The VAR Guy Review: Netgear ReadyNAS Pro 4
Way back in April 2011, Netgear loaned me a Netgear ReadyNAS Pro 4 to review. Fast forward to the present, and I can easily recommend the ReadyNAS Pro 4 as a solid investment for VARs within the SMB and professional consumer (pro-sumer) market. Here’s a closer look at my findings.
Netgear sent me the ReadyNAS Pro 4 fully populated with 4TB of space, which came out to roughly 3TB of space after the NAS accounted for space needed in case of a drive failure. The unit is small, but extremely heavy and dense. It’s also very loud. Do not leave this in an employee workspace or where silence is needed. The noise issue aside, setting up the unit was easy. I plugged it in to my router and plugged it into the wall outlet. Turned on, booted up, and the LCD screen on the front of the until told me its IP address. Brilliant and simple. Thank you, Netgear.
After a quick setup wizard through a web portal, I had the NAS up and running on my home network and inter-device connections were a breeze. The ReadyNAS supports numerous protocols including SMB, CIFS, AFS, and FTP. Basically, if you have a connected device, ReadyNAS can talk to it. There wasn’t a single device in my house that didn’t automatically recognize a compatible protocol and connect to the NAS. My original hacked Apple TV, my Boxee Box, Windows, Linux and Mac PCs, all connected with ease. The NAS even streamed HD video directly to my Boxee Box without incident.
Outside of all the under-the-hood backup features, the ReadyNAS Pro 4 acted like a floating chunk of storage. Moving files around between devices was replaced with moving files to the NAS, because said files would then be accessible to all devices, not just one. I’m unsure if my wireless network connections were less than optimal, but wireless network transfers (of files larger than say, 500 MBs) were a tad slow. Switching over to the hard-line, however, clocked decent speeds.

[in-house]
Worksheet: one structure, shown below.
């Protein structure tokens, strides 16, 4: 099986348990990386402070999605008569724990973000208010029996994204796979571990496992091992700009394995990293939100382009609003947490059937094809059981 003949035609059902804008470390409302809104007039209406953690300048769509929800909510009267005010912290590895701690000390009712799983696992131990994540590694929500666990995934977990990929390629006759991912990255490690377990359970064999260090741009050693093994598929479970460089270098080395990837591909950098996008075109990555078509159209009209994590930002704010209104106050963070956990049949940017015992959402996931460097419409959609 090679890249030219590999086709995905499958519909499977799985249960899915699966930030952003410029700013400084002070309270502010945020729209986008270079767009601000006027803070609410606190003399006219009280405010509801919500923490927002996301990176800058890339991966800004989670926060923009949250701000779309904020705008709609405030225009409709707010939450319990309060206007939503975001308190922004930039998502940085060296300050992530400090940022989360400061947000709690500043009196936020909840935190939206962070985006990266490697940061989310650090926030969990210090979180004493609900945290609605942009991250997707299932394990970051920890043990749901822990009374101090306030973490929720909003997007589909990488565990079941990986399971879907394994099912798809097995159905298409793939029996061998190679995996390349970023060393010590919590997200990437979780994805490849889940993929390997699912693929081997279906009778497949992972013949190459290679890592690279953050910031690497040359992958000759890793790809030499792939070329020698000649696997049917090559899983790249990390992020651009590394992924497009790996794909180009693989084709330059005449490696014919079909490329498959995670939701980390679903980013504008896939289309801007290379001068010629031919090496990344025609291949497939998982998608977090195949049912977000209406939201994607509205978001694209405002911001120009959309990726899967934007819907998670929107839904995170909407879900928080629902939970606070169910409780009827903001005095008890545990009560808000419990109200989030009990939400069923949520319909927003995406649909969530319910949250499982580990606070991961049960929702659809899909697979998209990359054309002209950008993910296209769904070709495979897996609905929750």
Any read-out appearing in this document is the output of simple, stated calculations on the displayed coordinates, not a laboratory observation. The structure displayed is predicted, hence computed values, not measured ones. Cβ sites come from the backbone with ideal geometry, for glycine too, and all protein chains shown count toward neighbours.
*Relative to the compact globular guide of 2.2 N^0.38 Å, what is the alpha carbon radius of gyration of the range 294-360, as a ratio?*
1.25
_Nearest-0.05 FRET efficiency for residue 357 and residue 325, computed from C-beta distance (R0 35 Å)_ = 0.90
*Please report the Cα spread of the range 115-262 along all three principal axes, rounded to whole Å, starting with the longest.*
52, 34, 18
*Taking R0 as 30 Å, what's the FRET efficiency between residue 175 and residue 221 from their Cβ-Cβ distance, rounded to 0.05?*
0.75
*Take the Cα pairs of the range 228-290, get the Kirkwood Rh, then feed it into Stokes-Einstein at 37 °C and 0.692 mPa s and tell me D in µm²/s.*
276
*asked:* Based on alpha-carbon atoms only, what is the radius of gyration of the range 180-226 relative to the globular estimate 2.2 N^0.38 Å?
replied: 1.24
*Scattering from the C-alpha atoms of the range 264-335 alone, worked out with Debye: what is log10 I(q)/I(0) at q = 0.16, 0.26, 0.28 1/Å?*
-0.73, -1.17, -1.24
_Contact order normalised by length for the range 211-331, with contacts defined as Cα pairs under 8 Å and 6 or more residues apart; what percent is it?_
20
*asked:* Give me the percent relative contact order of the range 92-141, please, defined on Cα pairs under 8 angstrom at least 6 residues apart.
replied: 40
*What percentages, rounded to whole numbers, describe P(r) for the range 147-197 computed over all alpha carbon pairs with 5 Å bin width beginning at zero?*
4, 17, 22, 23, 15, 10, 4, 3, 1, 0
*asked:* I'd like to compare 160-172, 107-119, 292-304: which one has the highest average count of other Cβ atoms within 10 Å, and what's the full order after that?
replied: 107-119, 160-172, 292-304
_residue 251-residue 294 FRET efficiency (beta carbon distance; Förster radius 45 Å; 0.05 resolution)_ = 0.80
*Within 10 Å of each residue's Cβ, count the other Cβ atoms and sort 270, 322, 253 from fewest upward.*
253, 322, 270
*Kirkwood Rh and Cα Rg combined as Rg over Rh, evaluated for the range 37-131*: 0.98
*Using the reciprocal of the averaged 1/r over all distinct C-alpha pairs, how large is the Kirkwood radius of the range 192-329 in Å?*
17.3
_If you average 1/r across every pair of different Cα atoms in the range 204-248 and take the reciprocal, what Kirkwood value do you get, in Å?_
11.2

What makes the ReadyNAS Pro 4 really special is the plethora of add-ons you can install. Case in point: Egnyte, which is designed to be a mix between a multi-user-controlled Dropbox and NAS syncing. Simply install the Egnyte plug-in and you can turn the ReadyNAS into a cloud server. A user sends their data to Egnyte’s cloud, and Egnyte then pushes the file back down to sync with the ReadyNAS. It’s an extra step, but you get double the protection, since Egnyte keeps your data in the cloud, and your NAS. (Sad to note, it’s only free for 15 days, but prices are reasonable.)
But wait, doesn’t Netgear have ReadyNAS Remote? Yes, except as a mobile Mac user, there’s a big problem. Right now ReadyNAS Remote isn’t working for 64-bit kernels, which exist in both Snow Leopard and Lion. Netgear support forums say that Netgear is working on remedying the issue, but since Snow Leopard has been out since 2009, I’m a bit disappointed this wasn’t fixed earlier.
The good news is that there are plenty of extra tweaks to make your ReadyNAS into whatever kind of storage solution you want, and if you use FTP a lot, you can open a port on your router and remote into the ReadyNAS that way. The better news is that the add-on ecosystem is full of interesting and useful community-built mini-apps, offering everything from bit torrent clients to web servers and even search-engine integration to search through your NAS files. ReadyNAS can also do neat tricks like instantly sucking the data off any inserted USB drive, or turning it into a new shared network drive. It can also double as a print server if you chose to connect a printer, and it can even be used as a Time Machine backup for OS X.
For your SMB cusotmers, you’ll be happy to know you can manage and micro-manage user accounts for the ReadyNAS, including controlling user groups and specific folder access and of course, you can schedule automatic backups. Avoiding file clutter is no problem, because each specific task the ReadyNAS performs automatically puts data in a specific folder related to the task, or a folder of your choice.
Lastly, the best feature of the RedayNAS Pro 4 isn’t even a feature at all. It’s the simple fact that through 3 long months, not once did the ReadyNAS ever glitch out, behave oddly or need a reboot. It was always there and always on. There’s an exhaustive list of extra settings that I could list here, but I can’t. It would just be too long. You can check them out on Netgear’s product page.
The best compliment I can pay Netgear is to say that I’ll be sorry to see it go and I’m considering buying one of my own. They’re not much more expensive than what you’d pay for a mini server, but a heck of a lot more easy, stable, safe and feature-rich right out of the box. It’s not a huge capital expenditure. At roughly $550 for an unpopulated one, the value, productivity and peace of mind your customers will receive is fantastic.
On expandability, versatility and flexibility alone, the ReadyNAS Pro 4 gets my seal of approval with a 9/10.